Steven Soderbergh is so prolific and so good, that — for all his acclaim — I worry that we’re collectively not quite appreciating what he’s been giving us for the last twenty years. Doubly so since he keeps threatening to retire and take up painting. Magic Mike seems like a relatively minor effort, and maybe it is; certainly it’s less formally audacious than something like Contagion or The Girlfriend Experience. But it’s nonetheless a distinctly Soderberghian treasure: entertaining, thematically potent, and piercingly intelligent.
(The latter quality is one reason I’m a little concerned about the guy’s legacy — his main distinguishing trait is how smart he is, and films that stand out along that axis get less respect than ones that are flashy or more bluntly ambitious.)
Magic Mike is Soderbergh’s “male stripper movie,” with all the baggage that entails. It delivers on the beefcakey expectations that are making everyone all aflutter: set mostly at a smallish Tampa Bay strip club, it features a good half-dozen energetic, endearingly rough-around-the-edges routines, with the film’s not-at-all-unattractive stars strutting and preening and getting not quite completely naked to the rowdy adoration of the women in the room. And it depicts all of this (including, at one point, a throwaway demonstration of a pump-action penis enlarger) without trying to shame anybody. These guys are narcissists of the first order, but they’re having fun. A film about women who take off their clothes for a living could never, sadly, be so non-judgmental.
There’s a dark side to what the film depicts, but it isn’t quite what you would think: there’s casual drug use and some mid-level debauchery, but the film isn’t about the “dark underbelly” of the sex industry, or anything like that. The unease builds almost imperceptibly, until what seemed ecstatic and liberating early in the film becomes profoundly disquieting. The precision with which Soderbergh executes this shift is astounding. Magic Mike is a small masterpiece of modulation.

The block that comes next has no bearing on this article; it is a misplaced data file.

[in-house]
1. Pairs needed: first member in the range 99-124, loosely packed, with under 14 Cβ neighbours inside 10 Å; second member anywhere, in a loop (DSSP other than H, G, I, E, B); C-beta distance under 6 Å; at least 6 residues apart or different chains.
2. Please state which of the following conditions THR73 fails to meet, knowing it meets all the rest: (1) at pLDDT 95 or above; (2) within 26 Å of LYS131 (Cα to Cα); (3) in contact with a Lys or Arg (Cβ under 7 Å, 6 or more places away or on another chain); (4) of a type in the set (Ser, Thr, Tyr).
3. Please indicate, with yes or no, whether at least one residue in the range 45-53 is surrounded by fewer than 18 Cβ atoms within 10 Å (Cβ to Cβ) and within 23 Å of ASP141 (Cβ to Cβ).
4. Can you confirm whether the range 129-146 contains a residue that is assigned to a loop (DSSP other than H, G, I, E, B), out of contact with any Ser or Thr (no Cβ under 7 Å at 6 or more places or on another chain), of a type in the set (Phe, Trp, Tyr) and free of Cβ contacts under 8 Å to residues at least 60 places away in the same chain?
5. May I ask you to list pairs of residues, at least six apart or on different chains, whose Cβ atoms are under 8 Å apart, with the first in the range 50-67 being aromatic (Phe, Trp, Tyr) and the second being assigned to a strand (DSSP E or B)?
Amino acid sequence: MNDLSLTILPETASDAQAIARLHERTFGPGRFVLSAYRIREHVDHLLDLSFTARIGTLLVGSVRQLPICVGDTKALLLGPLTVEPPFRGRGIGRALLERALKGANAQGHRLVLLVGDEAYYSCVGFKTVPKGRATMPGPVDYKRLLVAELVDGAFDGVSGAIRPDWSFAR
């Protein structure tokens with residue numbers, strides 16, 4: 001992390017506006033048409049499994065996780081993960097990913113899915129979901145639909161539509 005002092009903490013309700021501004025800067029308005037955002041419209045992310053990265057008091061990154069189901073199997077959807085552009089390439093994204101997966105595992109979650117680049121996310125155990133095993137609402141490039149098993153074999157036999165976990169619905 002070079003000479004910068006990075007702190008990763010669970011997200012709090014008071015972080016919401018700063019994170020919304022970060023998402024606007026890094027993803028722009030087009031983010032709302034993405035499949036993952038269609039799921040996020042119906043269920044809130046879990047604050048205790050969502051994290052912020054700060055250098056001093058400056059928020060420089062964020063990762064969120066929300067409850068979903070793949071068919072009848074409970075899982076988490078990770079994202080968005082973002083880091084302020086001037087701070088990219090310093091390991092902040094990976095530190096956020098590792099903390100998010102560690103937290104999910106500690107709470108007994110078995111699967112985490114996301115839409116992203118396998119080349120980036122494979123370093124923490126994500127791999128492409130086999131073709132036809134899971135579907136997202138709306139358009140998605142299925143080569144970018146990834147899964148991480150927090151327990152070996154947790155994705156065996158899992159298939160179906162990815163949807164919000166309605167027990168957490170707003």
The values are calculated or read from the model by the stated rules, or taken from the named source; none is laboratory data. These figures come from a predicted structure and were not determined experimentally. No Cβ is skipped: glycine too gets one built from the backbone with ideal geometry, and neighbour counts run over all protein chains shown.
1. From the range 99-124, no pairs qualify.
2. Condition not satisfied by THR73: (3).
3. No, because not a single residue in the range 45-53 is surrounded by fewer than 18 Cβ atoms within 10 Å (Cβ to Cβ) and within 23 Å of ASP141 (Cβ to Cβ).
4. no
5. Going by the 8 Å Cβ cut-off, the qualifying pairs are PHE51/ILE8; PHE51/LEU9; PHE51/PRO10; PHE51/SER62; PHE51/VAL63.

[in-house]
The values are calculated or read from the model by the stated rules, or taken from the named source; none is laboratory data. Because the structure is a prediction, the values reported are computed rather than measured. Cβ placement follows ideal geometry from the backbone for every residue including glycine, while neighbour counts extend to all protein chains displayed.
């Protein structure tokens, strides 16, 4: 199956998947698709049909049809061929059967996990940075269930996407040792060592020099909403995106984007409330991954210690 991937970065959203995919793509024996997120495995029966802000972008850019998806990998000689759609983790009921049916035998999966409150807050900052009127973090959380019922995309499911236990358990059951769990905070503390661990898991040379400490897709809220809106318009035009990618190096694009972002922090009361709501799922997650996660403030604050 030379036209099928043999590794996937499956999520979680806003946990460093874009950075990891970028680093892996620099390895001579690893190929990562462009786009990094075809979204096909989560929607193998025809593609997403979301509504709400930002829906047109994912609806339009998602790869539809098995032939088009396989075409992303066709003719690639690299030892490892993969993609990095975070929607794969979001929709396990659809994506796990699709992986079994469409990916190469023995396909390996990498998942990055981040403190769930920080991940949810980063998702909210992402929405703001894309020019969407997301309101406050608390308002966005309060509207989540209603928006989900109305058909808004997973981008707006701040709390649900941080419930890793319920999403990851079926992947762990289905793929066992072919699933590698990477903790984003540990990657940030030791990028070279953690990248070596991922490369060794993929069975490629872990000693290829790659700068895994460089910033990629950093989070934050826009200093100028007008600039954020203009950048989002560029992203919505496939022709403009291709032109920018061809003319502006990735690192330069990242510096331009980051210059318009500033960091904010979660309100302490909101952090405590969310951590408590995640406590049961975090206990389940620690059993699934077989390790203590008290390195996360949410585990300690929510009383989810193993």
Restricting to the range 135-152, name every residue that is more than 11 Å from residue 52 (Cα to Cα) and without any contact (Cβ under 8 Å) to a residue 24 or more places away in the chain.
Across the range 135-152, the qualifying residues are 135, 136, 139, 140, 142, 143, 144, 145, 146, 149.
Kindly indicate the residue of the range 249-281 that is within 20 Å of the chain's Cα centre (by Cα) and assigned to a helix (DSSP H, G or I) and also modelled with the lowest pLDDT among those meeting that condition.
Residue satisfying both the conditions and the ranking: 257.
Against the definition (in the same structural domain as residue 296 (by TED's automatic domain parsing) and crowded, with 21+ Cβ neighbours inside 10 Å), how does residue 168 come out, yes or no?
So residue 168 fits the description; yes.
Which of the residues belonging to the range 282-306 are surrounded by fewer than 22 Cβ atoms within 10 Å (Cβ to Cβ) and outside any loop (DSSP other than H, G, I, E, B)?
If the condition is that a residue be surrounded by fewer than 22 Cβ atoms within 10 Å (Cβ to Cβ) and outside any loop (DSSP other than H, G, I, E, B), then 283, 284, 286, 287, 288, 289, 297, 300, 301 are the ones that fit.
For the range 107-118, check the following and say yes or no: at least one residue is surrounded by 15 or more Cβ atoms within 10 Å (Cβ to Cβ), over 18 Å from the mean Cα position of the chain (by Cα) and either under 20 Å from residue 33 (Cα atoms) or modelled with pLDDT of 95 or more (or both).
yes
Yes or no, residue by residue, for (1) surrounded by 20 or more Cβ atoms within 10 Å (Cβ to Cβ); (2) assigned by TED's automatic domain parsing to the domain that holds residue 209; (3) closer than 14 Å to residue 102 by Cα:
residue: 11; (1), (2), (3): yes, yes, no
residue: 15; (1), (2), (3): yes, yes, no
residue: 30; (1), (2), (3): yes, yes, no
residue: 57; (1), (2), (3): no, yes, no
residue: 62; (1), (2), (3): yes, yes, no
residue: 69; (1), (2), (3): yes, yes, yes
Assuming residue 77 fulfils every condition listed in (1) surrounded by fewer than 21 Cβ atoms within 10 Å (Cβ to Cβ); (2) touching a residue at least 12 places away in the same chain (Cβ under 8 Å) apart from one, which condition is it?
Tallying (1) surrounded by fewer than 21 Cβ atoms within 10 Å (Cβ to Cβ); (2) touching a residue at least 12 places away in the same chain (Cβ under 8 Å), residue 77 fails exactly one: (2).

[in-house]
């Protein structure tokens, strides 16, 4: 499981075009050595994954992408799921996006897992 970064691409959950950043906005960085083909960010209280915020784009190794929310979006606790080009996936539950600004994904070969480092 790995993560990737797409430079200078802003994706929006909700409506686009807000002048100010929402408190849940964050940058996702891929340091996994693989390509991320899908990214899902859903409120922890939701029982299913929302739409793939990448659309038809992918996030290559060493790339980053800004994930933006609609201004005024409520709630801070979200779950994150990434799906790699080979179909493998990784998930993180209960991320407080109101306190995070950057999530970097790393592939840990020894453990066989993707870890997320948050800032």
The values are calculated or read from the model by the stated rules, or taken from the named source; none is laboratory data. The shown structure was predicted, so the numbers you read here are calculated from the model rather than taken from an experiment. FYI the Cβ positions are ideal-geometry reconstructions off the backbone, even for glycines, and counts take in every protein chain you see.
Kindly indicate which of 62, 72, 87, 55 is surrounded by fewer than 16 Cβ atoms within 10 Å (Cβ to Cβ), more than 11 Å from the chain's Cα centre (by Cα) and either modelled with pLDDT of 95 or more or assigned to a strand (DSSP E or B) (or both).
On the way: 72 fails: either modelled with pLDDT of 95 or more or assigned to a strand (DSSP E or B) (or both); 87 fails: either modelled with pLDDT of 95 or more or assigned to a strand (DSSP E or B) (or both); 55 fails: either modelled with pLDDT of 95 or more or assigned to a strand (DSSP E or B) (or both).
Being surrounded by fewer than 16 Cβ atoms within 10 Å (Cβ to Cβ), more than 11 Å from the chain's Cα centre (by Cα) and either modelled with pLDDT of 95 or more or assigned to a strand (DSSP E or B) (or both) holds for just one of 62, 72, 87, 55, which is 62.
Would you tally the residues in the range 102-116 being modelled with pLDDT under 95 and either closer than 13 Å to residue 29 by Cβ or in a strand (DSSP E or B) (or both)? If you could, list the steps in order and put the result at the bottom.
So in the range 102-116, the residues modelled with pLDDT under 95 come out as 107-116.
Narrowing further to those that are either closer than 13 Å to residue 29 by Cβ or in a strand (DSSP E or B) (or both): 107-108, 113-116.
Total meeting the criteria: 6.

The story is allegedly based on the real-life experiences of its star, Channing Tatum, who spent some time working in a Florida club before his modeling and acting careers took off. English actor Alex Pettyfer presumably stands in for young Tatum here, playing an aimless nineteen year-old nicknamed “the Kid,” who is lured into a new career as a stripper by the title character (Tatum himself). Thrown on stage to the sounds of “Like a Virgin” and told to take off his clothes, the Kid is bewildered, but soon finds himself rolling with the energy of the gawking, groping crowd of admirers. He quickly takes to Magic Mike’s lifestyle of women, sex, drugs, and at least the illusion of total freedom. (“I think we should be best friends,” he tells Mike a few days after popping his stripper cherry.) Meanwhile Mike, who is pushing thirty, working three jobs, and trying to get a furniture business off the ground (there’s a brilliant scene with Tatum and Betsy Brandt as a hilariously smitten loan officer), develops a crush on the Kid’s sister (the wonderful Cody Horn) and wonders if maybe it’s time he got out of the stripping game.
The film is about the corrosiveness of finding your identity in being lusted after. It doesn’t judge– there’s nothing wrong or offensive about taking your clothes off for money in any moral sense — but it makes clear how tough and merciless this industry is; how, at every step of the way, it will tell you exactly what you’re worth. And once age starts to take its toll, God help you. When Magic Mike is on stage, he’s transported, and it’s something to see, but it becomes increasingly hard to watch. A hilariously sleazy Matthew McConaughey plays the club owner, an aging stud who mostly emcees but on rare occasions hits the stage to remember the good old days — and the euphoric transformation we see in him when he does is downright frightening.
It’s still hard to tell if Channing Tatum is actually a good actor, or just a charismatic dude with a lot of presence, but he hits all the right notes here; the screenplay gives him a variation on a Big Speech toward the end of the film, and his stammering, earnest, almost incredulous delivery makes it connect. And Soderbergh makes the film move and dance in his usual unflashy, perceptive way. His retirement, if it happens, will be a tragedy.
— Eugene Novikov